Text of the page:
Origins: PoemsPaperback, 82 pages
8.50 x 5.5 inches
Buy now from Palimpsest Press
View Excerpt [PDF]
Read pre-book poems and outtakes published online
Hear Excerpt 1: “On the Origin of the Origin” [SoundCloud]
Hear Excerpt 2: “Marry, Not Marry” [SoundCloud]
Hear Excerpt 3: “Water or Air” [SoundCloud]

Listen to Bruce Wark’s sound collage of an interview on New Books.
High Resolution Cover Image [JPG]

Entombed within a thirty-kilometre-deep seam of rock, the fossils of Joggins, Nova Scotia are pried from a cliff-face by a version of the ocean out of which their creatures evolved—for the first time on Earth—more than three-hundred-million years ago. With probing metaphors and a keen eye on science, the poems in Origins create a multi-faceted portrait of evolution, extinction and climate change. Centered on the powerful Bay of Fundy, Origins compares the displaced, prehistoric marks of fossils with cultural marks like art and books. LoganimgforMDFThese varied poems observe eternal traces and lingering residues, from fossilized footprints to landscape sculpture to pollution and industrialization. With only one bone in a billion fossilized and a perpetually changing planetary surface, these celebratory yet cautionary poems also investigate chance, loss and ruin. The intersection of forces, which both create and destroy, are echoed by poems devoted to transitory art, the human addiction to energy, and an evolving media history (from nineteenth-century field drawings to twenty-first-century digital libraries). Origins is a nuanced ledger for a troubled world.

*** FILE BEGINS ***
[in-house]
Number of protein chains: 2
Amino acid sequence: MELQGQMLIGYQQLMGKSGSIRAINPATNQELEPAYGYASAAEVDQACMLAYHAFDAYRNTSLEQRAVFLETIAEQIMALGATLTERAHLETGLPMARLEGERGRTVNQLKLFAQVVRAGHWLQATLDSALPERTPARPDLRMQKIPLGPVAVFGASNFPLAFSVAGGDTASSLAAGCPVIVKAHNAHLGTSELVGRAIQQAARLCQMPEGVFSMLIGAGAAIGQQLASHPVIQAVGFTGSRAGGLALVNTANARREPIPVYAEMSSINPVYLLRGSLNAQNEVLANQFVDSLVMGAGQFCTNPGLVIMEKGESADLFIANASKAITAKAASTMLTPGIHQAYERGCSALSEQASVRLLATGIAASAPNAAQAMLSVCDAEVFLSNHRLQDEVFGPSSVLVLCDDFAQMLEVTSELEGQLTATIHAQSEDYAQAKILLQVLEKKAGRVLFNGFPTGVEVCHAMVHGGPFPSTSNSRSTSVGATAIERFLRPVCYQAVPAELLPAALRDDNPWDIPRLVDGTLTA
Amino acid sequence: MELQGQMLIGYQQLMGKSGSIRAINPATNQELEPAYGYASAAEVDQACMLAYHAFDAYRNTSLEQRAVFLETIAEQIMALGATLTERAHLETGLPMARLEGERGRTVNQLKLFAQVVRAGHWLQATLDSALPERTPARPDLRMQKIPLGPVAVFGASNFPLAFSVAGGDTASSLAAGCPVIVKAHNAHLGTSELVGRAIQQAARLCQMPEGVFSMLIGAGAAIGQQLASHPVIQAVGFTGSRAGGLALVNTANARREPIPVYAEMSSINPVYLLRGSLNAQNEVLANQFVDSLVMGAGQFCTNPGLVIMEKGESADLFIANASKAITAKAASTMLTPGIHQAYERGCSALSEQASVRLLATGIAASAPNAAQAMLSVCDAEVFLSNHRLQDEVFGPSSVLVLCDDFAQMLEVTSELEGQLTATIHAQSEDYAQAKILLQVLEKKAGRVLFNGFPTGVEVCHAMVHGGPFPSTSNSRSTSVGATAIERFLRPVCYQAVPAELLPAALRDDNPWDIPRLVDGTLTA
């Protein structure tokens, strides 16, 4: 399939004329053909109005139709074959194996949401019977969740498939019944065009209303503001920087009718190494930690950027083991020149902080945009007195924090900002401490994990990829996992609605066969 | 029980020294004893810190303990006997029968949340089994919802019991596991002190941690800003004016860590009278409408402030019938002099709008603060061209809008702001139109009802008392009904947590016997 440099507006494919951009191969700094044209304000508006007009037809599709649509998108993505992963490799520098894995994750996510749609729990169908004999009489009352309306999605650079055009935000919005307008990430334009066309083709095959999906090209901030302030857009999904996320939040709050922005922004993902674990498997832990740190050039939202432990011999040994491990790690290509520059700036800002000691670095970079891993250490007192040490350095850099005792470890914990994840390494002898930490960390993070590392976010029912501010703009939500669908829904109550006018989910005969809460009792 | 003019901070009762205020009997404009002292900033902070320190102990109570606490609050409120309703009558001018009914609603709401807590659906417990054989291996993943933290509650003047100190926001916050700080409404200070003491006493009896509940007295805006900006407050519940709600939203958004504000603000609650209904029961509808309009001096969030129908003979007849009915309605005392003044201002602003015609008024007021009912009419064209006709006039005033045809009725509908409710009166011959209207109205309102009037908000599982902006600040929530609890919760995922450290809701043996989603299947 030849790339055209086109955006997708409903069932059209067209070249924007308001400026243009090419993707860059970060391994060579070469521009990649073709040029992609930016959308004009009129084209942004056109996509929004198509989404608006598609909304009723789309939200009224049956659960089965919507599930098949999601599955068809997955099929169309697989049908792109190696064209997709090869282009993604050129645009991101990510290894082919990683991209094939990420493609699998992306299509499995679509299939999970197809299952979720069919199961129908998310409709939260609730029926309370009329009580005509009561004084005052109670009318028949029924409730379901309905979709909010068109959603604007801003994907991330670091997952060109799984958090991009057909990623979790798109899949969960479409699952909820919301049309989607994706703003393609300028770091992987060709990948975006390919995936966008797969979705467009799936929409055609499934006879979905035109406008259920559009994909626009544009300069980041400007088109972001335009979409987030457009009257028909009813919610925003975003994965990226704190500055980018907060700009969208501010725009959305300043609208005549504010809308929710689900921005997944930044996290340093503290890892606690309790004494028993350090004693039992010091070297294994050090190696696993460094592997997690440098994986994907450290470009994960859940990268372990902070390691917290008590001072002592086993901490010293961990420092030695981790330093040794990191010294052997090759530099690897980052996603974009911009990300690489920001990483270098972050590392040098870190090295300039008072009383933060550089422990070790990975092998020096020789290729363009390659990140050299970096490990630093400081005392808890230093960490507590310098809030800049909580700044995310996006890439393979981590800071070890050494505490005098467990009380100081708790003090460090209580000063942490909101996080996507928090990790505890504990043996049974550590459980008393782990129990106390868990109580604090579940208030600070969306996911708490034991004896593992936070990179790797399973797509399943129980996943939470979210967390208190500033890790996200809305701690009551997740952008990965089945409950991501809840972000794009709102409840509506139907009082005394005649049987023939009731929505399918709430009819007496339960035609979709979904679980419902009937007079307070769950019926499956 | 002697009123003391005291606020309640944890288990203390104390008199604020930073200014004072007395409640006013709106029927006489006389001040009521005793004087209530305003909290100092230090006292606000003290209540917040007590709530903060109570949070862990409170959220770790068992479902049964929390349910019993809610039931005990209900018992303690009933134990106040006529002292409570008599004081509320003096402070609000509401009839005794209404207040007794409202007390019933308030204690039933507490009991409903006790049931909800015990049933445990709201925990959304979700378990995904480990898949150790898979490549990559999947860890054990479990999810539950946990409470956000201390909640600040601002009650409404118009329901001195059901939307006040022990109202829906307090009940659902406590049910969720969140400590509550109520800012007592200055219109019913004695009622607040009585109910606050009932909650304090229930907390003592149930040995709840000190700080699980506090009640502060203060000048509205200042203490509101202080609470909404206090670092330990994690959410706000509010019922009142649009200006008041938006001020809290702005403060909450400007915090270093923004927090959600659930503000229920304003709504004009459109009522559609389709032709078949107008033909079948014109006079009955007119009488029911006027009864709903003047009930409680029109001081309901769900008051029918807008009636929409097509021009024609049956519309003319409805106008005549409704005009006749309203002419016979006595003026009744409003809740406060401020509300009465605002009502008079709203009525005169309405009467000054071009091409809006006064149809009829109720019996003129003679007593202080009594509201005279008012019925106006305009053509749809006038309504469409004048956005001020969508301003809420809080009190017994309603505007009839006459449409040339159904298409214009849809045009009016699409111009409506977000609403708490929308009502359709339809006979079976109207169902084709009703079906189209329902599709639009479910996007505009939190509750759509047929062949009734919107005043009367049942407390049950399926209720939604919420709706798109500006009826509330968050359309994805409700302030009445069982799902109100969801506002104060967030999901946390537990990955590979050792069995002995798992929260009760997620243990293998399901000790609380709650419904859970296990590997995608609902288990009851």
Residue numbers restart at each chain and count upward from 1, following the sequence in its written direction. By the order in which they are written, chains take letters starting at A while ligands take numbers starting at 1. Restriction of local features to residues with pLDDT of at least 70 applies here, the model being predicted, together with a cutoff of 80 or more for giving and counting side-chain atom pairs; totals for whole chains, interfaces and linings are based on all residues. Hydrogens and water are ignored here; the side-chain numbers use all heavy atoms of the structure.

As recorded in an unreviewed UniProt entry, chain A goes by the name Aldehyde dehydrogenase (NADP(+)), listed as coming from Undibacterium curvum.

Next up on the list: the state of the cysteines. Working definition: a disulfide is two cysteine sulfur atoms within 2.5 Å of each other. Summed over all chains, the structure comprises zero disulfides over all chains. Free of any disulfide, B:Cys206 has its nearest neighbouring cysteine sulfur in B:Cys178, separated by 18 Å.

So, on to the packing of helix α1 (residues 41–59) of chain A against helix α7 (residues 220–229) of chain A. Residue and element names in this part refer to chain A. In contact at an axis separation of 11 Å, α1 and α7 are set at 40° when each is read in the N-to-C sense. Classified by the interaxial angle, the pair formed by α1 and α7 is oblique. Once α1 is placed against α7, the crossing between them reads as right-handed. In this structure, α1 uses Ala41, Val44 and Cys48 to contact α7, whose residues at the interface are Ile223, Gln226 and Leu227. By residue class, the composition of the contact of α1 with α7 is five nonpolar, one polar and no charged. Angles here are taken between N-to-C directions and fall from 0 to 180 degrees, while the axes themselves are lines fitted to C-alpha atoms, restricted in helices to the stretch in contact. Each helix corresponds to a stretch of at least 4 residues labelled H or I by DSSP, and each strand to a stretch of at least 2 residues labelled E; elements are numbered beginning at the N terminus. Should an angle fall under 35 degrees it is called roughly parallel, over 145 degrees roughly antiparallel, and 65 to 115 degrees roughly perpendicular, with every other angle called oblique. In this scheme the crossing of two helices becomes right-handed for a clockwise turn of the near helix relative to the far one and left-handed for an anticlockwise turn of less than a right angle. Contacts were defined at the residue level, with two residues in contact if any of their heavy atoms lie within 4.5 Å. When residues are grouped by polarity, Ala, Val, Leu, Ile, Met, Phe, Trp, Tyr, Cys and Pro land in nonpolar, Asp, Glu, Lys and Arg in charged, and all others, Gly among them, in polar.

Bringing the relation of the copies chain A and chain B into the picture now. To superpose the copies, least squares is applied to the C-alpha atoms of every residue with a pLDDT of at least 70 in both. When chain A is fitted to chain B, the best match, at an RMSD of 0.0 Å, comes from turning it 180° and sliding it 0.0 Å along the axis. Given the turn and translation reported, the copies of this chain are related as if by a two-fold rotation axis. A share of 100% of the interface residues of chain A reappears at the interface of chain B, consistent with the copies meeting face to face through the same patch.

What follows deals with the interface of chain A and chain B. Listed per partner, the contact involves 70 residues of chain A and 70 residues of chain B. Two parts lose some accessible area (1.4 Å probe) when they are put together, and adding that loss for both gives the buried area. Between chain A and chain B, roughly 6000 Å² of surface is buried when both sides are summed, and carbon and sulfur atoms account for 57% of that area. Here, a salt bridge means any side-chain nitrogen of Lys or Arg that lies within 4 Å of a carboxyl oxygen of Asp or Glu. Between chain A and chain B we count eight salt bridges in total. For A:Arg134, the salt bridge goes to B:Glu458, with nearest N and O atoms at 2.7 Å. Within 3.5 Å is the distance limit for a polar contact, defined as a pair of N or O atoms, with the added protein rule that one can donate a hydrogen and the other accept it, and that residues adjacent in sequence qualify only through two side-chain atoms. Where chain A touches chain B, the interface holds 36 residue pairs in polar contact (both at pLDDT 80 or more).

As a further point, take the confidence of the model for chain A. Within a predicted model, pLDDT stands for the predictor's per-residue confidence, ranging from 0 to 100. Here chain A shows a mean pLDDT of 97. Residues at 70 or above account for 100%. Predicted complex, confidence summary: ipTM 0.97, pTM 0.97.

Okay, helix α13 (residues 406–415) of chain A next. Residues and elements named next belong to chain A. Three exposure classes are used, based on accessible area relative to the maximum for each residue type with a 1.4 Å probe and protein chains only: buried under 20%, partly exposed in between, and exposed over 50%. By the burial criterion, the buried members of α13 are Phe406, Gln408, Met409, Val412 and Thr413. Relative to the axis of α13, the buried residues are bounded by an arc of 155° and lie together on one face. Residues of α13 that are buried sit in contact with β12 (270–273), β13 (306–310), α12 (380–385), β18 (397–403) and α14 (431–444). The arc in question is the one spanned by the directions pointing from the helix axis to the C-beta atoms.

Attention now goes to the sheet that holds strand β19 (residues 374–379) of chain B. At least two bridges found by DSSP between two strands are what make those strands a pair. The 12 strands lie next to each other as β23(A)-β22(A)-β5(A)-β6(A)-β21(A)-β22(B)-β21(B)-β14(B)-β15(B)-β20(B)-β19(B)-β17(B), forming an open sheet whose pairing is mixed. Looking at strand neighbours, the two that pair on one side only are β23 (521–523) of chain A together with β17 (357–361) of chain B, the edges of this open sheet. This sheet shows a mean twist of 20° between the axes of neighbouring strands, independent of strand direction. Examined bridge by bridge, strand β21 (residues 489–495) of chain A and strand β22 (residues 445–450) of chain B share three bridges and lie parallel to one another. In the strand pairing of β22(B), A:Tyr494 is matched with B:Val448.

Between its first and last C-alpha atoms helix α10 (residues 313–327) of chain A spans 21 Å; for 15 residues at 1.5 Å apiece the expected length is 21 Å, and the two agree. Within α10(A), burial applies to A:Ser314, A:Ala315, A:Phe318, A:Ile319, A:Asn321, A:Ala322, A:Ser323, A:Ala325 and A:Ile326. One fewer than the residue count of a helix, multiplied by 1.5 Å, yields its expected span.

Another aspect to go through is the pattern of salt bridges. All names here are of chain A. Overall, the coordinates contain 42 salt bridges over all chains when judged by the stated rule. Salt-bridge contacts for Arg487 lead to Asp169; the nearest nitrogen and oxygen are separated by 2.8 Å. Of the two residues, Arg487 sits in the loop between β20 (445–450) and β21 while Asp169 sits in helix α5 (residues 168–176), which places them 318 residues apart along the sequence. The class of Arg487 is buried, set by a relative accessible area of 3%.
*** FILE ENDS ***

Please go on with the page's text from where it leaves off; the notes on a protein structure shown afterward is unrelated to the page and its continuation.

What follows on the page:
“creative, immediate and original… Origins seems to be part of a new integration of science and poetry that can only enrich our language and culture. For many decades the arts and sciences have been taught in separate university buildings, to the detriment of both.Perhaps this new poetry will shift the tectonic plates of culture. Darryl Whetter has nudged the rock.There will be tremors.” —The Chronicle Herald

“Whetter’s poems are arresting, genuine, full of science and wonder, and reflect the author’s tough love for Maritime life.” —Donna Morrissey